Dressed-up fleas, devil butterflies and the Thames whales: the strange ways nature has influenced human history

A new series exploring the weird and wonderful impact of nature on culture and society over the course of human history is to air on Radio 4 this week

Presented by wildlife expert Brett Westwood, the weekly Natural Histories series will explore how creatures such as butterflies, apes and even fleas have become embedded in human culture – thanks, in part, to the likes of Damien Hirst, Anton Chekhov, Harry Potter and Finding Nemo.

The 25-part series is the result of a collaboration between Radio 4 and the Natural History Museum in London.

We caught up with series producer, Mary Colwell, who gave us a sneak preview…

 

Q: What is the aim of the Natural Histories series?

A: It’s a look at how nature has become interwoven into our culture and society. People have, through history, used nature to enrich culture.

The series will explore 25 different species and objects from the Natural History Museum. We will look into how different animals have inspired human history.

 

Q: We understand the series features the Thames whales – the one that found itself stranded in 2006, and the one that was butchered by a boatload of sailors in 1791. Can you tell us about that?

A: The northern bottlenose whale that swam up the River Thames in 2006 sparked huge public interest. People tried to save it, but sadly it died.

The whale so moved people that a fundraising campaign was launched to preserve its skeleton. But what’s interesting is we did not always love whales. In previous centuries they were harpooned.

What changed our perception of whales was biologist Roger Payne’s discovery in 1967 of whale song among humpback whales. In 1970 he put out an album called Songs of the Humpback Whale.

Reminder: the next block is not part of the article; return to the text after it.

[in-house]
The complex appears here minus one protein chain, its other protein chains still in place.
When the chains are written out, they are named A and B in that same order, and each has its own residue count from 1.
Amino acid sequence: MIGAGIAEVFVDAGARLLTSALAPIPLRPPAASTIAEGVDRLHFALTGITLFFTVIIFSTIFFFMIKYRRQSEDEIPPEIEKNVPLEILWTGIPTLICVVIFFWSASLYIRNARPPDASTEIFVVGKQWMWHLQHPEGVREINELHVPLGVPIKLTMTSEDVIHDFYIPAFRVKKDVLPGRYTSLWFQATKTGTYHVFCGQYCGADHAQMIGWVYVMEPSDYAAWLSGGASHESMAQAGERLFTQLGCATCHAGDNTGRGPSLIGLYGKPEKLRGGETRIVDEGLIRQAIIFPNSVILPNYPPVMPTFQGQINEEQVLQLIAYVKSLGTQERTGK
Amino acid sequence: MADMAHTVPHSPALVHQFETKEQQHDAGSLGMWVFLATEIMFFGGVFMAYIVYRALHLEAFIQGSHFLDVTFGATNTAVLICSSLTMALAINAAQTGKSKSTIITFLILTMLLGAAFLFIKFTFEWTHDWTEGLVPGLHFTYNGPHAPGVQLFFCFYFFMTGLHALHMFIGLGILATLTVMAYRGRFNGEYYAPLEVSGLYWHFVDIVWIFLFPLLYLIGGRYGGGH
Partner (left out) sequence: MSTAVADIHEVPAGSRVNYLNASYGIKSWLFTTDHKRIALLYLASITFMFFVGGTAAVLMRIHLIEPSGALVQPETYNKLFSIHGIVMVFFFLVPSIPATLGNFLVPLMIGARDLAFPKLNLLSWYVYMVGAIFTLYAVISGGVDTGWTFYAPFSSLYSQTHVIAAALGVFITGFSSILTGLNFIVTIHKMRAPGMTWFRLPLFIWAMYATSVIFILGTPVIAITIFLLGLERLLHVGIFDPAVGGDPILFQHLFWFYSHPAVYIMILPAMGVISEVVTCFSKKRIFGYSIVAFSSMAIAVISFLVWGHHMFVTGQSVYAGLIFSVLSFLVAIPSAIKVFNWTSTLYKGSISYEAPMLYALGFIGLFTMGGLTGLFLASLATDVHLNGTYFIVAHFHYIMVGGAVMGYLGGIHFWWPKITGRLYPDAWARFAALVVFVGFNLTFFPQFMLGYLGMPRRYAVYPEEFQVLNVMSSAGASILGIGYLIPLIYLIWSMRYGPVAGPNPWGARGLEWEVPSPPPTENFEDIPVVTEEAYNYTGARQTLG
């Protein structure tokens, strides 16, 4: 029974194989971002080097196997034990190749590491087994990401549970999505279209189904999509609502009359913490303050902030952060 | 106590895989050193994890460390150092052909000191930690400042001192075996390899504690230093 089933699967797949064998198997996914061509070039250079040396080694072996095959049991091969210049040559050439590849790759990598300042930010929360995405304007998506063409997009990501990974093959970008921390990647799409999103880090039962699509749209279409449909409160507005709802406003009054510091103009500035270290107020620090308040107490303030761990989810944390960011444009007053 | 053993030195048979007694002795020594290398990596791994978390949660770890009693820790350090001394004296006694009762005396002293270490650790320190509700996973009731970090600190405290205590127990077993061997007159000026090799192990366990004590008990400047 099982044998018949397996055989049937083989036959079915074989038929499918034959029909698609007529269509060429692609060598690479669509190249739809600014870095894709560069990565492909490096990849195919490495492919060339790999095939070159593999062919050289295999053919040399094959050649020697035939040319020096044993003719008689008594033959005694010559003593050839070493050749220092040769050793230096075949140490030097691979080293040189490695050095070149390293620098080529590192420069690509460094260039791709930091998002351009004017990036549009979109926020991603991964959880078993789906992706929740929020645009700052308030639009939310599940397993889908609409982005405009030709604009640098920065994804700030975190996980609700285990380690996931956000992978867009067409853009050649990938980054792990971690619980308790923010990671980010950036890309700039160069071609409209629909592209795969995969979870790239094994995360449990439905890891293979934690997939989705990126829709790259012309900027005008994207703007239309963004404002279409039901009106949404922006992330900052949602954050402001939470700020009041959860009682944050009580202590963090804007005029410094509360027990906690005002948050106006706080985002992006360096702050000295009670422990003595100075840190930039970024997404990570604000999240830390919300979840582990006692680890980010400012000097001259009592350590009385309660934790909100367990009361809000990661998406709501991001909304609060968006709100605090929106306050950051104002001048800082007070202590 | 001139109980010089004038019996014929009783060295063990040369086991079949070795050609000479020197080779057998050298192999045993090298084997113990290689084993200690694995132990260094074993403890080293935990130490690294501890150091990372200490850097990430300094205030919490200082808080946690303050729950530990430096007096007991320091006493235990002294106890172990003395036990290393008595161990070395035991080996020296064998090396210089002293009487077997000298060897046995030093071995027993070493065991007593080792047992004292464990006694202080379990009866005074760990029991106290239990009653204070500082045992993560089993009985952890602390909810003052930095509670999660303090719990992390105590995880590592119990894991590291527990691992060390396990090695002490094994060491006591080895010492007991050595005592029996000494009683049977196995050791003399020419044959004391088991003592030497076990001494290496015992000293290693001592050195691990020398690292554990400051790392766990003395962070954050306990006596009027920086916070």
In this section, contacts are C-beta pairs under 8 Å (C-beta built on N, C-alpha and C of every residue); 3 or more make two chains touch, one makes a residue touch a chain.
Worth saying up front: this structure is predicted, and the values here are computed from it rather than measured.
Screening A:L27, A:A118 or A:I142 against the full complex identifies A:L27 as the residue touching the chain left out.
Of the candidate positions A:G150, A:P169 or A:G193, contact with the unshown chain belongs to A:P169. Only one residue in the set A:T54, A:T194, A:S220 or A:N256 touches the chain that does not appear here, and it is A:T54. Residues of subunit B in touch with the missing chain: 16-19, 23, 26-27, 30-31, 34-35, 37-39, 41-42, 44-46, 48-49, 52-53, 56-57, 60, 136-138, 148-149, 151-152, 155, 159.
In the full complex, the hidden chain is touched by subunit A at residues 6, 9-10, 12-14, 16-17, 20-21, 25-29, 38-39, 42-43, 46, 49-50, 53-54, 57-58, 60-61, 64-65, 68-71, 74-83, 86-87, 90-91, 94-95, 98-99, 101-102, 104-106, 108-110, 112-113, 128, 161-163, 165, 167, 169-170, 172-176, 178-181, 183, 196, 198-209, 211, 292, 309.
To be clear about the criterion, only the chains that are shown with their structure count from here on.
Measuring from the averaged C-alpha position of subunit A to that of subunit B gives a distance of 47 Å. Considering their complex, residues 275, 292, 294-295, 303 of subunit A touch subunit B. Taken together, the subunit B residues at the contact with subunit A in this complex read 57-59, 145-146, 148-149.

At this point, we started to see whales as being like ourselves. [The album prompted a movement to disallow hunting whales, and to preserve marine habitat for whales]. Our perception of whales was changed also by the wealth of natural history filming in the 1970s.

 

Q: What were your personal series highlights?

A: Many of the discoveries were very surprising – I was amazed by the dual aspect of many creatures. For example, we love butterflies today and consider them beautiful, but in times gone by, bright butterflies were considered to be a symbol of death and the devil.

Therefore, in many paintings of flowers – the most famous being the Dutch Flower Still Life (1669, Cincinnati Art Museum) – you’ll see butterflies such as the Red Admiral feeding on dead flowers. They are supposed to represent sin and evil.

Also, I discovered the word ‘butterfly’ comes from the fear that the creatures stole milk from the dairy.

I was also fascinated by the burbot – the only freshwater cod, common in eastern rivers in England, which became extinct in the 1960s for reasons unknown. They were big and slimy and flabby, yet they were popular enough to feature on cigarette cards, and they featured in a Chekov play [The Burbot by Anton Chekov, 1885].

I found it so interesting that the burbot became extinct only in the 1960s, yet we have all but forgotten about them.

The Burbot: hand-coloured engraved plate 70 by F W Schmidt Jr, drawn by Kruger Jr, after a drawing by Marcus Bloch (1723-1799), from his Ichthyologie - a work on the natural history of fish (Berlin, 1785-1788). (Photo by SSPL/Getty Images)
 

Another interesting aspect of the series is the exploration of coral reefs. Many people love them now, but for so long they were treacherous for ships when they were made of wood. For example, between 1848 and 1859 more than 600 ships were wrecked on the Florida coral reef alone. The coral reef just shredded them.

 

Q: How would you describe the impact of nature on society?

A: It’s amazing how nature has impacted upon the world. It has infiltrated our minds all through time.

We take it almost for granted that nature is this huge force that has changed how we think about the world – religion, art and our belief systems have all been influenced by nature.

 

Q: Why has our perception of nature, and of different species, changed so dramatically over time?

A: Firstly, knowledge. This is largely down to the media. For example, most people will never see a whale in their lifetime, yet we've witnessed huge ‘save the whale’ campaigns.

Secondly, ideas and tastes have changed. We are now more aware of nature, and we have a different idea of things.

 

The first episode of Natural Histories airs on Radio 4 on 2 June at 11am. To find out more, click here.

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